This was the highspeed stuff. Not the blocky bitmapped stuff from video games and ye olde Apple II. Well, it wasn’t real-time rendering but — damn — that box sitting in that Cornell Box looked like, well — what you might imagine it would look like if it was a box sitting in a fictional and perfect box lit from the top by a singe light source.
There was never the question as to why it was being done because it was so seductive and alluring, these renderings of boxes in a box. One simply wouldn’t ask “why?” — you just wiped the drool away from the corner of your gaping pie hole.
The Cornell Box at the time was a kind of fictional jig only meant, as near as I can tell, to isolate and constrain light sources so that one can create, study and improve upon the various ray-tracing and other rendering algorithms that were being crafted at the time. Nothing gets into or out of the Cornell Box. No light. No culture. No dust. No crappy instruction manuals. No Terms & Conditions statements or credit card scams. They have no context or utility other than abstracting away the rest of the world. One could hopelessly wait for the camera to pull back from the box so you can see the actual box on a table on a lab bench next to an oscilloscope, extensive and tangled ribbon cables leading to a rack of bleeping measuring instruments, leaky couplings on the back spilling some kinda viscous ooze. A styrofoam coffee cup nearby woud signal desperate humanity. None of that ever appeared. Frankly, I’d be amused and surprised, more as a cultural historian than an engineer, if the Cornell Box were still used in any way other than irony.
The Cornell Box and the style of rendering things in isolation, floating in a light gray environment, has been the de facto mechanic for showing future products in alluring and seductive ways. Outside of the world, quite literally inside a rendering algorithm that knows nothing about dings and dents, nor dusty grimey convenience store shelves where all great futuristic inventions and products go to eek out the ends of their lives, like some kinda commodity product eldercare facility.
When one holds forth on, say, ‘Workplace Futures’, or ‘Driverless Car Futures’, or ‘The Future of AI’ it feels to me that one would want some kind of ‘hooks’ that land in the experiential, lived aspects of a more embodied moment in these worlds. Rather than the Cornell Box of ‘AI Future’ — the bland, sterile, isolated, abstract consideration or speculation about what that is — Design Fiction goes for that moment in the life of someone who is living at that moment with AI. Like going to the pharmacy to get another month’s supply of Rejuvinex® — inload 12TB with breakfast, and wait 20 minutes before conversing with anyone but immediate family members.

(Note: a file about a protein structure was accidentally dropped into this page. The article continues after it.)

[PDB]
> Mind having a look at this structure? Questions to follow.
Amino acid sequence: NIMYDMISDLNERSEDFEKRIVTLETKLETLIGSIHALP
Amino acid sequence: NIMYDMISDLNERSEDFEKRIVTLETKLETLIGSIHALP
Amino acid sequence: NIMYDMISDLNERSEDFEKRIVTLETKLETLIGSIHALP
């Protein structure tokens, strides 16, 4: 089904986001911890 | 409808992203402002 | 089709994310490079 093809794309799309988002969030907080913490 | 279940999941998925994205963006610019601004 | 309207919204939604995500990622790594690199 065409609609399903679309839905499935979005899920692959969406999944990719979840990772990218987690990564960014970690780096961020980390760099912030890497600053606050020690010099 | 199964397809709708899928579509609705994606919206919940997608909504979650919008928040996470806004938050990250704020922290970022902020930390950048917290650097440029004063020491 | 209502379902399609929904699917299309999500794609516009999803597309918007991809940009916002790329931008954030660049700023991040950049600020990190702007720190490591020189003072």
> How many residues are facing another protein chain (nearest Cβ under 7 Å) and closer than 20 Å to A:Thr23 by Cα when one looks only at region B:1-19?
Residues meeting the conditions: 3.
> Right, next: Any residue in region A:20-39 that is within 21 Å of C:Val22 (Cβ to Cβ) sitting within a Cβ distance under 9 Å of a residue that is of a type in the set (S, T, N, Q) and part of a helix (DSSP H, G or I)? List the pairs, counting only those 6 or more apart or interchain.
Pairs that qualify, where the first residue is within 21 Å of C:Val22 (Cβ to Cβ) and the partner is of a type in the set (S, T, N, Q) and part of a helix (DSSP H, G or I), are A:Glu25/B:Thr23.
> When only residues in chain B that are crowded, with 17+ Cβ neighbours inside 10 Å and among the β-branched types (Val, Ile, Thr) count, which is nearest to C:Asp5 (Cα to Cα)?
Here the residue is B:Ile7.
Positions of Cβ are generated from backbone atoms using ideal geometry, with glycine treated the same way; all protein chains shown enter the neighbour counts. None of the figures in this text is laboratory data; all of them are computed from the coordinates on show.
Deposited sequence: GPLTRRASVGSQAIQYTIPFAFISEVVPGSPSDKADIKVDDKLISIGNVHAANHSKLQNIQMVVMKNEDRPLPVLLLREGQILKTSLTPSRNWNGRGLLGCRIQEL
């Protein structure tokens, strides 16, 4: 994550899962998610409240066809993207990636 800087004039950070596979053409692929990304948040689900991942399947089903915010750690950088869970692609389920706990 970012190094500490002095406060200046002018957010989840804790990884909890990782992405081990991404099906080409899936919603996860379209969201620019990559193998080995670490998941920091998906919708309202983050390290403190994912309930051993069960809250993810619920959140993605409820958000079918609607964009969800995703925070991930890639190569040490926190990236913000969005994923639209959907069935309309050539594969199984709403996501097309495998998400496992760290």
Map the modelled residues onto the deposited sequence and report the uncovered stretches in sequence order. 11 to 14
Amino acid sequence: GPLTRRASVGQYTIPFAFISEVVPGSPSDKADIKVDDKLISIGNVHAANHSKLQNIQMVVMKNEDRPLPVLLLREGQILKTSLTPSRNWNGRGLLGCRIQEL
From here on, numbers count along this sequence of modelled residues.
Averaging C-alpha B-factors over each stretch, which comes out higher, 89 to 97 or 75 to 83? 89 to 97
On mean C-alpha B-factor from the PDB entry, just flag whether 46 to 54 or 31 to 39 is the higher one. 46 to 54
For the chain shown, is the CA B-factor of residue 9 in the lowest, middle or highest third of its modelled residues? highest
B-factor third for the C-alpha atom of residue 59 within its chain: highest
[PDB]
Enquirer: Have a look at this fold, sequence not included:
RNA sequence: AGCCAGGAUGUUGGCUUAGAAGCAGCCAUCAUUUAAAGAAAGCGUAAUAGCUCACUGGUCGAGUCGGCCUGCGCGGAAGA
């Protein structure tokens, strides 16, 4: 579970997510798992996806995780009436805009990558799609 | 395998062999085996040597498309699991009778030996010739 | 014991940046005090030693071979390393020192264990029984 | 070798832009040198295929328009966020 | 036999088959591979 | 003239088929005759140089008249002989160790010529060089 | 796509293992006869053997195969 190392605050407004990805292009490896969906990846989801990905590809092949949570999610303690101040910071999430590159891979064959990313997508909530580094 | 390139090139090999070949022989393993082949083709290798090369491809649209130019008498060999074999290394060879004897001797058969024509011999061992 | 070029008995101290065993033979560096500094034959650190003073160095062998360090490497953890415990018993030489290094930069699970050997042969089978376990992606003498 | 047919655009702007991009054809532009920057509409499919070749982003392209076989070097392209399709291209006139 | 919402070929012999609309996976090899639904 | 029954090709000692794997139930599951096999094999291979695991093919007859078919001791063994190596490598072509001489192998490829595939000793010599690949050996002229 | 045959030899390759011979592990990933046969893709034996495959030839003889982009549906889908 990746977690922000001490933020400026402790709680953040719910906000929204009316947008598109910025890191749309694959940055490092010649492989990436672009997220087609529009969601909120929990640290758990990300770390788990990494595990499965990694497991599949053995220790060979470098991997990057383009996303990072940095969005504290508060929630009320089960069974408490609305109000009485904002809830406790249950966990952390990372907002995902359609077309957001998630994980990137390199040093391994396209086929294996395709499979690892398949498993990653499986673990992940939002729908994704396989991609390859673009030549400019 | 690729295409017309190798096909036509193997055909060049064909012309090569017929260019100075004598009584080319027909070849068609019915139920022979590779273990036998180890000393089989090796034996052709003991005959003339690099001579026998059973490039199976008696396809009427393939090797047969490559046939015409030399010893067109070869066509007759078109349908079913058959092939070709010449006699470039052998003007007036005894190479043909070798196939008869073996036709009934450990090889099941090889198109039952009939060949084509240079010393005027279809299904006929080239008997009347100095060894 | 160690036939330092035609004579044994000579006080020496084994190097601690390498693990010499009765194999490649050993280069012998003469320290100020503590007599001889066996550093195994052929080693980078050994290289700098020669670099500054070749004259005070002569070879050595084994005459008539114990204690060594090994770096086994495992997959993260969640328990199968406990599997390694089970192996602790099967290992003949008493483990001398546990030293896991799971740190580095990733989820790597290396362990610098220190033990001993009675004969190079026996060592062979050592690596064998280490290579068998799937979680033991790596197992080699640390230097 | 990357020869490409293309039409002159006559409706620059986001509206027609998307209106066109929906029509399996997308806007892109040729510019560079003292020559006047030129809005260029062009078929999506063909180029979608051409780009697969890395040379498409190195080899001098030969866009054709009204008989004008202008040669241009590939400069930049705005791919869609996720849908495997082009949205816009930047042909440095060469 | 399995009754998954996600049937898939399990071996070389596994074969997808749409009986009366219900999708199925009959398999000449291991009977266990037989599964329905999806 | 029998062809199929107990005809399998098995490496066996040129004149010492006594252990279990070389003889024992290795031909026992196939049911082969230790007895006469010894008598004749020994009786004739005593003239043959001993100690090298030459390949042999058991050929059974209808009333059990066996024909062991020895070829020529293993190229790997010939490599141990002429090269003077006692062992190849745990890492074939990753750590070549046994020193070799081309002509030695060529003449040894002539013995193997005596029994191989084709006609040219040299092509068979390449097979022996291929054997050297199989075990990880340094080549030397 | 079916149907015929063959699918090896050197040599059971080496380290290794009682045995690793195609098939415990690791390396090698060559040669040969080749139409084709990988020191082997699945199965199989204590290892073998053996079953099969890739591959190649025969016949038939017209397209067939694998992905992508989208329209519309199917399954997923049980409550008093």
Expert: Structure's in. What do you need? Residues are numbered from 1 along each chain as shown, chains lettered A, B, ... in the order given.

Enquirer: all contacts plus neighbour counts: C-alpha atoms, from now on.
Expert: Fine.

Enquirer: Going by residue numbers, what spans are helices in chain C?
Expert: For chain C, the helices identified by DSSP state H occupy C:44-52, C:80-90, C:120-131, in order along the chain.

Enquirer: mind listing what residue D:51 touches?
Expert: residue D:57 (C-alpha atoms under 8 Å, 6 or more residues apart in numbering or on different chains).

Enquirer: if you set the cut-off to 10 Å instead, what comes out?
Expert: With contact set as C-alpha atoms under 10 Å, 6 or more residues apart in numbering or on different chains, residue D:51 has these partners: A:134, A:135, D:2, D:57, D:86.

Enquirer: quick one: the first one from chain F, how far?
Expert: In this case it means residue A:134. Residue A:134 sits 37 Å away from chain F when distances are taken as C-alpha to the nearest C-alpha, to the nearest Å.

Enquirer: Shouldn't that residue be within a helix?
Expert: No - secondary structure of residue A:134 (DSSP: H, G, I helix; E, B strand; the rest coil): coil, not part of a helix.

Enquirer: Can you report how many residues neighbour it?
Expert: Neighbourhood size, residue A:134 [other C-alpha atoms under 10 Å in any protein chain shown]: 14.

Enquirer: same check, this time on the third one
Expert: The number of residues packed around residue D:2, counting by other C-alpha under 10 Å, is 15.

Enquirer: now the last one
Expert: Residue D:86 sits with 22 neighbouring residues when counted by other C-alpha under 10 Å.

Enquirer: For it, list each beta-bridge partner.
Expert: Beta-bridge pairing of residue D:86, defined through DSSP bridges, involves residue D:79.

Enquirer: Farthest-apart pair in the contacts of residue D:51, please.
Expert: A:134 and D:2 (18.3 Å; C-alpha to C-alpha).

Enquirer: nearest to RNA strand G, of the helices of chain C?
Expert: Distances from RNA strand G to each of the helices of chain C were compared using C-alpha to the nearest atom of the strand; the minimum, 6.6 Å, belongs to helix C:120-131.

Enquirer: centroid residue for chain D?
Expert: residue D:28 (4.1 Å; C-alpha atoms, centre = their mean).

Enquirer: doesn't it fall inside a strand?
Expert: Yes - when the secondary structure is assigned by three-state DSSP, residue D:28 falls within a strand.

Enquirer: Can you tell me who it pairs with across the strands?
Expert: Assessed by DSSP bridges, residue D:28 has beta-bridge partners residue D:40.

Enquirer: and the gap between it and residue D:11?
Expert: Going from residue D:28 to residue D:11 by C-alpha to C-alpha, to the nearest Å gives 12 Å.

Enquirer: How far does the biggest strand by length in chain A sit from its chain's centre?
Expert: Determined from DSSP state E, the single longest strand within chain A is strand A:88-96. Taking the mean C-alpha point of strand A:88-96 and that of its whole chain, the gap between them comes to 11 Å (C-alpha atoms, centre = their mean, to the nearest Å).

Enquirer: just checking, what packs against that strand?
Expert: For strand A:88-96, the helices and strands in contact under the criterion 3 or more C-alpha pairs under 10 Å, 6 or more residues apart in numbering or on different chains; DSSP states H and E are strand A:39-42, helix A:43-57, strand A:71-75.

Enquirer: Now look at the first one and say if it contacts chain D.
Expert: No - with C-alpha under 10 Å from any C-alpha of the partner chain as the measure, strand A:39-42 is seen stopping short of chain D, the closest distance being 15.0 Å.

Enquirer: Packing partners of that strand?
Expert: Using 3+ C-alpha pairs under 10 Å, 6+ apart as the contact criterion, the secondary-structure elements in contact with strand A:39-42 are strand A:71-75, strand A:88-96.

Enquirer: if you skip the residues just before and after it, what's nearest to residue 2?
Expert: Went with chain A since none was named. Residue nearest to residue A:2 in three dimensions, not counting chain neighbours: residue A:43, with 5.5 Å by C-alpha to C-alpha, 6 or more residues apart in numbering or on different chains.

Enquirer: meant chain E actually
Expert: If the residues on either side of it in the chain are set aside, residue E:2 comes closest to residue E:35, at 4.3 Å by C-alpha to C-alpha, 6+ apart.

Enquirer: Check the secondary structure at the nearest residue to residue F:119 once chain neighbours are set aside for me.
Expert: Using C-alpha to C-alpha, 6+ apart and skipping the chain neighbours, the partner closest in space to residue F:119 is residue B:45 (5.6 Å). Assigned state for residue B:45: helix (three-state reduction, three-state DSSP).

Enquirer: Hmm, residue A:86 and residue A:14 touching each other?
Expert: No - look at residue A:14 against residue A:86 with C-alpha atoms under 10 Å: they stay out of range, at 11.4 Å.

Design Fiction is the world ‘as if..’ without even bothering to utter the word ‘future.’ Design Fiction is simply in the world and as futuristic feeling as a corner bodega laser pointer meant to be used as a cat toy, or a wrist watch that can take phone calls and measure and record your entire day’s heart rhythms. Which is to say that Design Fiction futures are meant to feel banal and routine and not the mouth-agape wonderment we typically associate with futurity. This is what makes good, engaging, thought-provoking Design Fiction. What my chum and fellow fellow Nick “Hallo! I’m Nick!” Foster refers to astutely as ‘Mundane Futures’. The future as normal, ordinary, everyday.
So I guess my point is that good, utilitarian, productive, evocative, conversation-worthy Design Fictions avoid the Cornell Box or the floating abstract gray environment and become part of the context of a lived world. Design Fictions come a bit scratched and something is chipped on the side and, dear me — hasn’t been cleaned in awhile and that’d be a tomato sauce stain right there kinda futures. Design Fiction is of the world, embodied in it Where the Action Is, to tip the hat to our friend Paul Dourish, who has what remains in my mind as one of the canonical book-length insights on embodiment as it pertains to humans interacting with algorithms.
Things in context tell stories about the world you are imagining. Things in a Cornell Box are just things looking pretty in a box.
p.s. With a tattered, ill-fitting Cornell t-shirt on, I solemnly salute the work the Cornell Box and Professor Greenberg and his colleagues have contributed just to be clear. It’s an object lesson I’m after here — not a rant about the Cornell Box itself. (And-also, you know -‘Go Big Red!’)